The fiddle is the most magical of all instruments with its capacity to produce such enchanting tones; possibly only the human voice can match its expressiveness. When someone puts a fiddle under his chin and draws the bow across the strings, anyone within ear shot can immediately intuit the very makeup, the soul, of the person making sound with this little wooden box. To a great extent, the measure of a fiddler’s greatness (or any musician, for that matter) is his ability to reveal his innermost workings and interior life so that others may connect with his humanity. By extension, this fiddler also can define his place in the history and cultural heritage of his people with a simple tune. Fletcher Bright embodies these aesthetics with such grace and ease that anyone listening immediately recognizes that he is an individual of great substance, the type of person who has lived his life in a way that has really mattered and made the world a better place.
Now seventy-six years old, his life-long musical journey in many ways is the history of folk fiddling in the Southeast for the last sixty years, and he shows no signs of slowing down now. His nature is to continually search out new tunes and discover better ways to approach the instrument, and his enthusiasm is contagious. His commitment to teaching others what he has learned along the way also speaks volumes about his basic character.
Fletcher Bright studied piano and violin as a child in his native Chattanooga, Tennessee, but his real musical story began at age fourteen when he discovered the music that would later be coined bluegrass. He followed the fiddling of proto-bluegrass artists such as Arthur Smith and Tommy Magness (and to this day his tendency is to keep one foot in the pre-World War II era, old-timey style and feel), but he came under the spell, as did practically every fiddler of his generation, of Benny Martin and Chubby Wise, and this fusion of old time fiddle tunes and bluegrass drive, speed, and intensity are hallmarks of his playing. Caught up in the excitement of Bill Monroe’s Big Bang in 1945 when Chubby Wise and Earl Scruggs forever defined bluegrass fiddle and banjo, respectively, Bright and several high school classmates formed the Dismembered Tennesseans, who still perform actively (with a few personnel changes in recent years due to illness and death) after sixty-two years. (Surely this wins the band the title “The Most Durable in the History of Music.”)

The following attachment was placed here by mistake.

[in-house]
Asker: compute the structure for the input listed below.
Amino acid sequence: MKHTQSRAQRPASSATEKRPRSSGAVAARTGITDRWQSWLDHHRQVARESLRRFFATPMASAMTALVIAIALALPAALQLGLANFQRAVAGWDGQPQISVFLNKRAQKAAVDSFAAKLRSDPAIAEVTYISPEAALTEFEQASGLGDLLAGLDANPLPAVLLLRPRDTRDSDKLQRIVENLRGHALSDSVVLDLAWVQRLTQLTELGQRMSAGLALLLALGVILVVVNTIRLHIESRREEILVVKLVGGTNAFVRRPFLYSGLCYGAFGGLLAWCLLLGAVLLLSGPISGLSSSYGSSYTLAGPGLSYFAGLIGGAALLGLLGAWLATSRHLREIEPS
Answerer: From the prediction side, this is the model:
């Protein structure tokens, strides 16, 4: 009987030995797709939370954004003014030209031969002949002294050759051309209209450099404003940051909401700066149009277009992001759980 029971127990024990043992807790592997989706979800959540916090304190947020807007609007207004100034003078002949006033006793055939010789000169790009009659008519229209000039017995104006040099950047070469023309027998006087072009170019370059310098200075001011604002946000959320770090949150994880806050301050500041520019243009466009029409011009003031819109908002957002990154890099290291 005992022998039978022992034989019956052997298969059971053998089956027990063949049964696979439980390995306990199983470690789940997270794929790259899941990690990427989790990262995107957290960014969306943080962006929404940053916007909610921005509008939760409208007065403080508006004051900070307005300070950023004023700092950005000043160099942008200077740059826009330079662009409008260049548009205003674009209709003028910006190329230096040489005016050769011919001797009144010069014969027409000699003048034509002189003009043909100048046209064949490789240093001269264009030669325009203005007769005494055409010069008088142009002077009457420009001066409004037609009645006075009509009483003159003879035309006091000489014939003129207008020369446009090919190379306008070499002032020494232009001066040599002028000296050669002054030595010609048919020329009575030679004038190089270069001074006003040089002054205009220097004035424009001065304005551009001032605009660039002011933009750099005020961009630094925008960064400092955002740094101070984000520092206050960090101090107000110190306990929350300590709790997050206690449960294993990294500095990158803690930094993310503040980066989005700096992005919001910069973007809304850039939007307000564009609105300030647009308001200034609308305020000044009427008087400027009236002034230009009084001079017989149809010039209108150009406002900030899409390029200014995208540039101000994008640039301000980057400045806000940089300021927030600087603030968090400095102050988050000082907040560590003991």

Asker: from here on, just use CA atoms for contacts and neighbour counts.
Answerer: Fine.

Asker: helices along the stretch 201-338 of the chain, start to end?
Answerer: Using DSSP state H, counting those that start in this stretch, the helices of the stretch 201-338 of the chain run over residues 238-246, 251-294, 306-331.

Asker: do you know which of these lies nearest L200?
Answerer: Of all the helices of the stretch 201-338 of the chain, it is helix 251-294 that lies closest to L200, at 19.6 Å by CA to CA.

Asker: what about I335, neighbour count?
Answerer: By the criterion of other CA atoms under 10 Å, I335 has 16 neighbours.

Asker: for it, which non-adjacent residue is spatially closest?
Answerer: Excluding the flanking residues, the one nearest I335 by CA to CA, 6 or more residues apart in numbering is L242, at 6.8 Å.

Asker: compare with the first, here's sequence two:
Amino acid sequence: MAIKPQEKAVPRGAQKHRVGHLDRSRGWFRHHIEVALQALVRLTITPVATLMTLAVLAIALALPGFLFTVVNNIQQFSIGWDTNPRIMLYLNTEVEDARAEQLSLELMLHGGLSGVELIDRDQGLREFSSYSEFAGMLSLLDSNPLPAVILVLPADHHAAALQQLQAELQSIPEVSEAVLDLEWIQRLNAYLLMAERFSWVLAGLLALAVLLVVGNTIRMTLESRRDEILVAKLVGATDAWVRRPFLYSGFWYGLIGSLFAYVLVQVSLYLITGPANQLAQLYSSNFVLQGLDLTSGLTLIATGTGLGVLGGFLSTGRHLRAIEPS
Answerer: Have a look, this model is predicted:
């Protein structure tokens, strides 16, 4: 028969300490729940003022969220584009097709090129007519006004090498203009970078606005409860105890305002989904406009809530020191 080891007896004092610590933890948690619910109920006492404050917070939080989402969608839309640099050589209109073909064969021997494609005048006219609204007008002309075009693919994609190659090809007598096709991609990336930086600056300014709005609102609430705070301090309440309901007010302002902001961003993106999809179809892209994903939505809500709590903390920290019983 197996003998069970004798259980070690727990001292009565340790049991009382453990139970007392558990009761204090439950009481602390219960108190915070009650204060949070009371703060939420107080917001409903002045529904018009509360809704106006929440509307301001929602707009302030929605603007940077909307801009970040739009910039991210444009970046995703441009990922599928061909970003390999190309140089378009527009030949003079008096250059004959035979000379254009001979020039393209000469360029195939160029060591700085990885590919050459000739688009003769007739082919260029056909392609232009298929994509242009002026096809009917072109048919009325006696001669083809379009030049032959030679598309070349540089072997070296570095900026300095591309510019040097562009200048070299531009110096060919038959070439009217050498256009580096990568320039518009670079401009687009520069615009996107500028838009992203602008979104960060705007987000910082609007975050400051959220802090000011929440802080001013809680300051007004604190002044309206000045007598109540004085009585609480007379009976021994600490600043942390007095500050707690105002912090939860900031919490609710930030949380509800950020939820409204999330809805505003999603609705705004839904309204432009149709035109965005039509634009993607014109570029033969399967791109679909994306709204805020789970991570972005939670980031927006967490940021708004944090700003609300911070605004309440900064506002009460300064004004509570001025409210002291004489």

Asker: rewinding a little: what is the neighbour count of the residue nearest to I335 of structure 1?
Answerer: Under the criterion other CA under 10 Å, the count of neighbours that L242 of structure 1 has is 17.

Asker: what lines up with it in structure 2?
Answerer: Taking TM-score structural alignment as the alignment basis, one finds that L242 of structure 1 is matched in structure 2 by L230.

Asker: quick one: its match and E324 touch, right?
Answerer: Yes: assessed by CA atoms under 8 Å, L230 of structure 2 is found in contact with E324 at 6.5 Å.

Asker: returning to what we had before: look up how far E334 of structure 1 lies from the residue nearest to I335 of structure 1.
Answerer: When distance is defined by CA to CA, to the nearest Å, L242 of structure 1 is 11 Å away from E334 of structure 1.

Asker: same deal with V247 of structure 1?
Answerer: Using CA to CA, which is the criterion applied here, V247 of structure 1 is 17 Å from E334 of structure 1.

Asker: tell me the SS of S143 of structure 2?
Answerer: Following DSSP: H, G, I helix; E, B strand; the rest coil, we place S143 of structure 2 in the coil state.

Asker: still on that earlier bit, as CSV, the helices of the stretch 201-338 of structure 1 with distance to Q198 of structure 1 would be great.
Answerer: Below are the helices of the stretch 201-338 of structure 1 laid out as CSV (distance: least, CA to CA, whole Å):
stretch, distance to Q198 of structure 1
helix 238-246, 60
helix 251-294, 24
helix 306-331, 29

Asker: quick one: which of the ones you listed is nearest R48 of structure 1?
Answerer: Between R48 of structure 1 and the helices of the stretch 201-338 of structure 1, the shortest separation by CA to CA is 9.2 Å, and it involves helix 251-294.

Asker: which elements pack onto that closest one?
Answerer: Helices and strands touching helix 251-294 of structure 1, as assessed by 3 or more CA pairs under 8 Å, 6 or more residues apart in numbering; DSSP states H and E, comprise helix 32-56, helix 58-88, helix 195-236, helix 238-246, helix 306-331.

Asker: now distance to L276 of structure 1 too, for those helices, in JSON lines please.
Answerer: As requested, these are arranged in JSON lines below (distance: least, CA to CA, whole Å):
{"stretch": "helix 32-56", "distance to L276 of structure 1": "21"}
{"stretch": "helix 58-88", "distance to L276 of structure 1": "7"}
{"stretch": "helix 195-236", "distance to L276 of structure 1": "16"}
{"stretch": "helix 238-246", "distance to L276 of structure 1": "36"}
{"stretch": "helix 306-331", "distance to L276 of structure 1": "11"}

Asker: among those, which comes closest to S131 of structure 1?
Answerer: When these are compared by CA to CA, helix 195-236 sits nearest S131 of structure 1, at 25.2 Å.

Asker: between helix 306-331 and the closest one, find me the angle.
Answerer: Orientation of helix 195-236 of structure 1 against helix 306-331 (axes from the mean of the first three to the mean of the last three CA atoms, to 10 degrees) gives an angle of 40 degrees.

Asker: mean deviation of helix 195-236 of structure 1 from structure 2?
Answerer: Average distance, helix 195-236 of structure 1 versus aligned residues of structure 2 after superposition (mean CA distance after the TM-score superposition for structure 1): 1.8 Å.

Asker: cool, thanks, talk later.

A few years back Bright also formed the Fletcher Bright Fiddle Band, with his son George Bright on guitar, in order to explore and share his deep and abiding love of fiddle tunes. These ensembles and his solo work as a performer have carried him to such far-flung places as the Kennedy Center in Washington, D.C. and the American Folk Festival in New York City as well as regional festivals and concert halls throughout the Southeast for years (he has even performed his own orchestrations with the Chattanooga Symphony), but his work over the past two decades as an instructor at summer music camps such as the Augusta Heritage Center (Elkins, West Virginia), Nash Camp (Cumberland Furnace, Tennessee), Bluegrass on the Beach (Portland, Oregon), Mark O’Connor’s Fiddle Camp (Dickson, Tennessee), the Festival of American Fiddle Tunes (Port Townsend, Washington), and Sore Fingers (Kingham Hill, England) has perhaps reached even wider audiences and has definitely directly touched more lives. In a more intimate and extended situation such as a week-long camp, students and colleagues have come to know Bright as not only an outstanding fiddler (who, as an aside, plays jazz piano more than passingly well) and collector of tunes, but as a genuinely generous man who has never held back from sharing his gifts with others.